Most millennials don’t remember a time in their lives where they couldn’t access the Internet to find the information they needed, and with this ability came the desire to have as much information as possible to make informed decisions. By not communicating to employees about company happenings, you convey a lack of trust in your employees and make them feel undervalued. Not only does withholding information harm your employees, but it also harms your company by squashing creative problem solving and collaboration among employees and managers.
The first step to increasing communication within a company is to create a safe space for your employees to share their thoughts and opinions without the fear of being reprimanded or misunderstood. By allowing your employees to talk to you about the positives and negatives of their positions, you are not only helping that employee; you are empowering yourself with information on how to tailor the position to fit their needs and strengths. Because a majority of problems in life tend to be caused by either miscommunication or a lack of communication, it is vital to increase positive communication across departments and levels as your business grows its millennial workforce. “Because I said so” is not a valid answer to most millennials today.
Millennials are often portrayed as social media addicts, and it is likely true, but I believe this comes from an intense desire to be connected to others. Millennials grew up in a world where they could connect with anyone in a split second no matter where they were, and with this level of connectivity came the ability build relationships with likeminded people all over the world. Not only has this connectivity allowed information sharing and technology to develop much more quickly than in previous generations, but it has also spoiled us with constant connection and attention from our peers, which millennials have come to expect.
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Building a meaningful relationship with your employees is necessary to retain your workforce. Where there is no personal relationship, there is no loyalty. By making a conscious effort to build meaningful relationships, you are increasing loyalty and trust between management and employees, all while decreasing turnover. It doesn’t even have to be some grand gesture to win their loyalty. It could be something as simple as having a drink or coffee with them and asking what they like to do in their spare time. Ask a millennial that simple question, and they will open up about what motivates them, their goals, passions, and struggles. By spending time with your millennial workforce outside the office, you are building relationships based on mutual respect and understanding. It is important that you share your goals, passions, and even struggles as well. Millennials are drawn to people they believe are genuine in their motives, and they have a knack for seeing right through you if you don’t practice what you preach.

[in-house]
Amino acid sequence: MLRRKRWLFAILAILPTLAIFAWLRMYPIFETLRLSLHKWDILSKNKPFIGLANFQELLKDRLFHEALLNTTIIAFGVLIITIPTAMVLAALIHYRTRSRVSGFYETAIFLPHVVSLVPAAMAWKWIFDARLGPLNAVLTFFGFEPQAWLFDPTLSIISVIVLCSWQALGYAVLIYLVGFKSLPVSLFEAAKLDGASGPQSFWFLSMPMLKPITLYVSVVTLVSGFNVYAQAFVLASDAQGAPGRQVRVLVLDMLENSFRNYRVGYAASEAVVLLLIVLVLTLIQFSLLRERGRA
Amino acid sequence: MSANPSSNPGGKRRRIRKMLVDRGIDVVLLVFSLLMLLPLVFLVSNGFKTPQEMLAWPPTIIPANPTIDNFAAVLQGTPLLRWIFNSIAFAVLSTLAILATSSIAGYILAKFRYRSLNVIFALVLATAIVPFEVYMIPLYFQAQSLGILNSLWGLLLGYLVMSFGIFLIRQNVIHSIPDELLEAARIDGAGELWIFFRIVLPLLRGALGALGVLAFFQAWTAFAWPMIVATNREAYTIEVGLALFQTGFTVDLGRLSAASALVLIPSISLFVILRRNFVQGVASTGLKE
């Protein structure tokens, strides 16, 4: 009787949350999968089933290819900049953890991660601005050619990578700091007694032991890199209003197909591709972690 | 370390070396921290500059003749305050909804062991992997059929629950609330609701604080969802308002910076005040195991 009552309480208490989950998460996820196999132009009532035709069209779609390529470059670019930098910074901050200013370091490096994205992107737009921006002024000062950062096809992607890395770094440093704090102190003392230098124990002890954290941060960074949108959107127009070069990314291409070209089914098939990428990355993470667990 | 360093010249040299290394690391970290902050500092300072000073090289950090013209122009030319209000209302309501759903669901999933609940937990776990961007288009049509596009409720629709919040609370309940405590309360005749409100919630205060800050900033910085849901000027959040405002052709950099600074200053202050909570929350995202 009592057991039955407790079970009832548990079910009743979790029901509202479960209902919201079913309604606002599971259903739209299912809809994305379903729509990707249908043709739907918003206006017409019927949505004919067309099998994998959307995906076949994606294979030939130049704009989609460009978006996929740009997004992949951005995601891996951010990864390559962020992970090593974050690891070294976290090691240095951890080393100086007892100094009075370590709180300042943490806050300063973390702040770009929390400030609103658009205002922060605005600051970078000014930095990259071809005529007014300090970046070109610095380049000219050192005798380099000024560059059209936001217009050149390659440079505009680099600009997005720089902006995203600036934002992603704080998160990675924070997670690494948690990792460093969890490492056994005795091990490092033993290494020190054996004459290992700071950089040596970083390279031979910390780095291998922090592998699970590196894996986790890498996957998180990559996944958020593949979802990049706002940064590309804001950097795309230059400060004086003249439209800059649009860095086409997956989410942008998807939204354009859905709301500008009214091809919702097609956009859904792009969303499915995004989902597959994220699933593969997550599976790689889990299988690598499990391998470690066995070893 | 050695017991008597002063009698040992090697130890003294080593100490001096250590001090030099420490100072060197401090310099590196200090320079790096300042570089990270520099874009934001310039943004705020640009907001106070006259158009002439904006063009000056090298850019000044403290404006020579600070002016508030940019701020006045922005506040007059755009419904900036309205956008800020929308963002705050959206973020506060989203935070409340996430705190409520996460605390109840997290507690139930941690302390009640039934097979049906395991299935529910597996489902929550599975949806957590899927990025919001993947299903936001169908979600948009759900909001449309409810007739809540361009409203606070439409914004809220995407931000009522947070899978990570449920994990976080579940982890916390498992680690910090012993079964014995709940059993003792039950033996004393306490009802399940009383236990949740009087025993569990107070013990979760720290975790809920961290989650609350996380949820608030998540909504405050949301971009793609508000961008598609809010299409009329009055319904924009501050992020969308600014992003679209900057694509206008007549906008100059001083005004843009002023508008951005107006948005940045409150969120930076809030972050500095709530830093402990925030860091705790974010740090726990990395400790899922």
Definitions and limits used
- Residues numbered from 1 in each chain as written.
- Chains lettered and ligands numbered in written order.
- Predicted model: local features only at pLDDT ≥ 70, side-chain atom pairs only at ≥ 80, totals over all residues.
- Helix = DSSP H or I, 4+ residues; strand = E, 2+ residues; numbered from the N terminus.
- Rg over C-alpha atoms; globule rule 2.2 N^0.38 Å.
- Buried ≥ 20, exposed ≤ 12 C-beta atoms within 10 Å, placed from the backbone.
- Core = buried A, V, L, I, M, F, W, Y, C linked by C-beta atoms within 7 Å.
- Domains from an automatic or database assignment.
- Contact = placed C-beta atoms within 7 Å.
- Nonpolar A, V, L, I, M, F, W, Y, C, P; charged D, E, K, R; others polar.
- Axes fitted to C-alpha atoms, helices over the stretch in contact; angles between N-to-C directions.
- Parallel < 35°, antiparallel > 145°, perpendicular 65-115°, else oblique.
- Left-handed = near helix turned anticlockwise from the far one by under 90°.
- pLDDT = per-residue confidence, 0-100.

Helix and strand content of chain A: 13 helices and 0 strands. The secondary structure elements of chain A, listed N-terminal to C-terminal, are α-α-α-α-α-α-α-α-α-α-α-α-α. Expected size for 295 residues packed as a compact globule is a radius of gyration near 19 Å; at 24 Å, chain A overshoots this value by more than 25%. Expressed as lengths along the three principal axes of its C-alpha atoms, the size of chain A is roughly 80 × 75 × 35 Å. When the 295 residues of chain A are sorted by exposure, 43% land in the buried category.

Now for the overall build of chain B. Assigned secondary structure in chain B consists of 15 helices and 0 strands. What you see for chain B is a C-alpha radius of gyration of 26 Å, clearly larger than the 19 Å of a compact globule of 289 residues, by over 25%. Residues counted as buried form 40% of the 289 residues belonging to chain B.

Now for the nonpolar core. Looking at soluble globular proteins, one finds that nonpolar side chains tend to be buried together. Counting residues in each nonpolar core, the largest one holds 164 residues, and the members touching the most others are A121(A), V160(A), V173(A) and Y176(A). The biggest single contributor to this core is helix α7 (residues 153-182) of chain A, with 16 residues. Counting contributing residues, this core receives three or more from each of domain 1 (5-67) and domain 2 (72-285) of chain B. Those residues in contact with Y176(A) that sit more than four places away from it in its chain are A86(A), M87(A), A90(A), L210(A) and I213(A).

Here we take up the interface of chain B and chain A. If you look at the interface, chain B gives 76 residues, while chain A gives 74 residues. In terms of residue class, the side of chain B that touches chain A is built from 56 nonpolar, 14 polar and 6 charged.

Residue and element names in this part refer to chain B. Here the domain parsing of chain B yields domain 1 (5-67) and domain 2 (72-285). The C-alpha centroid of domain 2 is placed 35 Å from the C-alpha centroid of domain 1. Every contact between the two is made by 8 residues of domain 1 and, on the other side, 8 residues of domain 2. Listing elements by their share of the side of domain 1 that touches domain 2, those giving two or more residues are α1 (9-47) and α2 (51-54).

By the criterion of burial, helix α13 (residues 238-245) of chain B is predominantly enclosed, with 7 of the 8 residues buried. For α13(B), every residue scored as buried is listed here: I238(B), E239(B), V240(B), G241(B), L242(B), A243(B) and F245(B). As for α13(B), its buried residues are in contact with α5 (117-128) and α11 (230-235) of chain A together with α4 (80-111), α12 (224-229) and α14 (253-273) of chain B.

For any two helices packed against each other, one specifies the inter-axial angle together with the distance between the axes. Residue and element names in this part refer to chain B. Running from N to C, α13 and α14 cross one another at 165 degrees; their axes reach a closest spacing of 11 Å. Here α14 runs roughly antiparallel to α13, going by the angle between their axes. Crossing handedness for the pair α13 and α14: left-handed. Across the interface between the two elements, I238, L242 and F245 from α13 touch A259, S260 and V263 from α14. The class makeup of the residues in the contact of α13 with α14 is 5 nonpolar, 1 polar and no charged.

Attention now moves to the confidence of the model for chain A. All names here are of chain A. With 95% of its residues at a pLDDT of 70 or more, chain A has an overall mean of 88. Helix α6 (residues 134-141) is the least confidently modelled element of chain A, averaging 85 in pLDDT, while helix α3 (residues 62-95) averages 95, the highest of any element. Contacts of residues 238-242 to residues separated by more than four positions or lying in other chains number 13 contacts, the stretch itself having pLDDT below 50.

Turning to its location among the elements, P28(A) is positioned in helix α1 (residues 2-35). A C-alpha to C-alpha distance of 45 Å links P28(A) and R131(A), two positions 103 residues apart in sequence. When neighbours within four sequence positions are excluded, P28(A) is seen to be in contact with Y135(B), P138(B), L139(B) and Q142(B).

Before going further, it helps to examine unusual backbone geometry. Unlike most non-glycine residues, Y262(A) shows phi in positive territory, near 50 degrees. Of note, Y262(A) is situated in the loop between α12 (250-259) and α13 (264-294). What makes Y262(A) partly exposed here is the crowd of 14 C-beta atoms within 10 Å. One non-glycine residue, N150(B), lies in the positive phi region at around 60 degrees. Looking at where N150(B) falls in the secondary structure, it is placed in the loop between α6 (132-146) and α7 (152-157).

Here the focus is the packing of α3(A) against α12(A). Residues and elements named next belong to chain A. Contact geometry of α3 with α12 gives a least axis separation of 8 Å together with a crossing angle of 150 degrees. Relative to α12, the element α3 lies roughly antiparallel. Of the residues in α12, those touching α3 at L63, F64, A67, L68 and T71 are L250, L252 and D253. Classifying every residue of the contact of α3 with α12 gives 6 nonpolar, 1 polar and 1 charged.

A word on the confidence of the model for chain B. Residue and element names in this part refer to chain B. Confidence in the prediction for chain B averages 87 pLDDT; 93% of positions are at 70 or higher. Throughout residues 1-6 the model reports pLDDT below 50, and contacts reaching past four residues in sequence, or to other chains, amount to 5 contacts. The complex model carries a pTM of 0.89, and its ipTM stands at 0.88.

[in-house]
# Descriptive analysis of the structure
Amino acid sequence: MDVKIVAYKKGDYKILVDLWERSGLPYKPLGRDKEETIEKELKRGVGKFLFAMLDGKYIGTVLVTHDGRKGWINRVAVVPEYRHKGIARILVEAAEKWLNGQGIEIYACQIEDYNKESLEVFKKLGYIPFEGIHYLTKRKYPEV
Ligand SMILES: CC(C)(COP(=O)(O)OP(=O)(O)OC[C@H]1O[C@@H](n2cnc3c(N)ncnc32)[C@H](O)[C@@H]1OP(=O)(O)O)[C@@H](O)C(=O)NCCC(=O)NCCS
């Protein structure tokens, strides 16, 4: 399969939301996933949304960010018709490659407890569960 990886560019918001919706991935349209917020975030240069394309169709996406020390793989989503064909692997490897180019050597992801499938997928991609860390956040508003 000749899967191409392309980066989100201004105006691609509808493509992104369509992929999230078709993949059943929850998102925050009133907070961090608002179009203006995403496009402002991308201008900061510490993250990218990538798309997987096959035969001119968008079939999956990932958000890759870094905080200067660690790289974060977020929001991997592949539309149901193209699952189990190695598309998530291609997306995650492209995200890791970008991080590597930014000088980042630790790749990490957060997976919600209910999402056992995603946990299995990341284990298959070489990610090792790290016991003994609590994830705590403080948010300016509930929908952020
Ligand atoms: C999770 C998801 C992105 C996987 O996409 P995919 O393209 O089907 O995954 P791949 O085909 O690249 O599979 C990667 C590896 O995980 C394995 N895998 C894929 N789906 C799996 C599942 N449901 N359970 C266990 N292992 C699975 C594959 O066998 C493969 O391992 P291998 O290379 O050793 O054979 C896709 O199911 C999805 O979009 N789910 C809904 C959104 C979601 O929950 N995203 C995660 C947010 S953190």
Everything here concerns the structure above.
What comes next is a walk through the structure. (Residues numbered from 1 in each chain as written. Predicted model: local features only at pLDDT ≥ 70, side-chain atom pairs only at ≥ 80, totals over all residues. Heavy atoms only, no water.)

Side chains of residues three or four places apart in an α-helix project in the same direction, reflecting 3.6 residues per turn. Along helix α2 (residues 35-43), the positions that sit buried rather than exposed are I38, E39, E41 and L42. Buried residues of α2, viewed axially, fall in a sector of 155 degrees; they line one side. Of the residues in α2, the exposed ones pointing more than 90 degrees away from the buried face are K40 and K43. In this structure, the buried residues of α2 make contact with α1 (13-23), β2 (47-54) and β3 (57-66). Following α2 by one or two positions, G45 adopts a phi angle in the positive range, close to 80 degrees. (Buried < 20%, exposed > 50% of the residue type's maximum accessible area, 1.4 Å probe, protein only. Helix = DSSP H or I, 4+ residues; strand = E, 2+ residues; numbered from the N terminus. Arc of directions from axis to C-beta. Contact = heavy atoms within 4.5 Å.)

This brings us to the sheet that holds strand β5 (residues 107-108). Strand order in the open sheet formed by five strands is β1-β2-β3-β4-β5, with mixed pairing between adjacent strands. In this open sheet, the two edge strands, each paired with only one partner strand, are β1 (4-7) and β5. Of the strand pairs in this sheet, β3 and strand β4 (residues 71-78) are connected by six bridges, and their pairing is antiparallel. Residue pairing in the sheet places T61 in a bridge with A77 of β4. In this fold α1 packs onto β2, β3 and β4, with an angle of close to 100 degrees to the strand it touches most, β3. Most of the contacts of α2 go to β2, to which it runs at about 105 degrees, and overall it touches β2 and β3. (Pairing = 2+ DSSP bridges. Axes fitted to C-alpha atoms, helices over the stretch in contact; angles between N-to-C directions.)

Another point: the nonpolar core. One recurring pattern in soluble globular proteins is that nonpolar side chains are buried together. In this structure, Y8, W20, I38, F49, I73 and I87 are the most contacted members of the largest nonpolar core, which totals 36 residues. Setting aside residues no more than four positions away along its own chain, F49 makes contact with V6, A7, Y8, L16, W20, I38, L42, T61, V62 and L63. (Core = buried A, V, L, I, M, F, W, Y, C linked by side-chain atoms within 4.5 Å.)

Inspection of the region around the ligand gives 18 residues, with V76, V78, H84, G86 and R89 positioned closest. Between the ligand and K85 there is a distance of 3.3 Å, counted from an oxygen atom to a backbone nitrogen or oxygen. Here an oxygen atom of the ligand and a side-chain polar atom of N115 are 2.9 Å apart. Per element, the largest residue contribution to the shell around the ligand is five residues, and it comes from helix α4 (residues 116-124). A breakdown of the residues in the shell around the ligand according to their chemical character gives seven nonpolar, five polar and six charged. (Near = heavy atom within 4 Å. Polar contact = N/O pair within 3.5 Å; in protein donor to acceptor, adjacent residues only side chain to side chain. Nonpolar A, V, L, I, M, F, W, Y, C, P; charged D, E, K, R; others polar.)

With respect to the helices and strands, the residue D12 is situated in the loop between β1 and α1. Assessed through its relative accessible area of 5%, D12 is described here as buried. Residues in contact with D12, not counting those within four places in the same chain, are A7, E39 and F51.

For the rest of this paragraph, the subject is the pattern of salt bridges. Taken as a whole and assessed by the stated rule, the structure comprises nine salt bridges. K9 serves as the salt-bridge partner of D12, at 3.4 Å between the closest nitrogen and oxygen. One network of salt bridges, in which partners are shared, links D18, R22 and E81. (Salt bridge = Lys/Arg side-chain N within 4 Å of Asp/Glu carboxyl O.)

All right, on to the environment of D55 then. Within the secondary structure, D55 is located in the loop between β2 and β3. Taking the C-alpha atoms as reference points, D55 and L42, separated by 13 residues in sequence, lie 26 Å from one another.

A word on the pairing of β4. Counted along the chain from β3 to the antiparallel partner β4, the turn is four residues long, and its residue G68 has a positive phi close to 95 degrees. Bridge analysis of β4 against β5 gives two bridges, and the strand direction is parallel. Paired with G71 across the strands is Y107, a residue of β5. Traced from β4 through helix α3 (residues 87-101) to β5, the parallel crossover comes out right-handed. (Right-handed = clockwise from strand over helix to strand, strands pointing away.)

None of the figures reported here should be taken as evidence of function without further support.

With the rate that information is exchanged today, millennials have gotten used to immediate feedback, and they have even grown to expect it. Once a year performance reviews are not enough, and even once every six months is pushing it. To ensure your millennial workers are motivated, it is important to let them know on an ongoing basis that they are on the right track with their work performance. If they are excelling in areas, be sure to let them know. If they could use some help in other areas, offer to sit down with them and walk through their thought processes and provide constructive advice. When offering help in areas where they are lacking, be sure to approach it as a learning experience and a chance to grow. By developing a mentor/mentee relationship with your employees, you will be able to discuss positives and negatives with them freely without having to worry about whether or not you have offended them or caused them to question their position in your company.
Attracting and retaining top millennial talent in your organization can be a bit overwhelming, especially if you have never managed a group of millennials before. It seems to be much easier to focus on the negatives of a generation as opposed to the positives, but a few slight changes in your organization and leadership style can be all you need to start attracting more millennial talent. By building meaningful relationships and offering continuous feedback to your millennial employees, you are empowering them to excel in their careers while simultaneously benefitting your company by adding educated, skilled, and innovative employees to your workforce.
Nathan Kittrell has been involved in sales and marketing since graduating college. Selling anything from city-wide conventions to payroll for a three-employee company, Nathan strives to ensure all customers are treated with respect while partnering with them to meet their business needs. He enjoys volunteering his time as a board member of Greenville County Youth Orchestras and working with other organizations such as Youth Leadership Greenville. You can read more of Nathan's writing on his blog, Business-Minded Millennials: https://businessmindedmillennials.wordpress.com.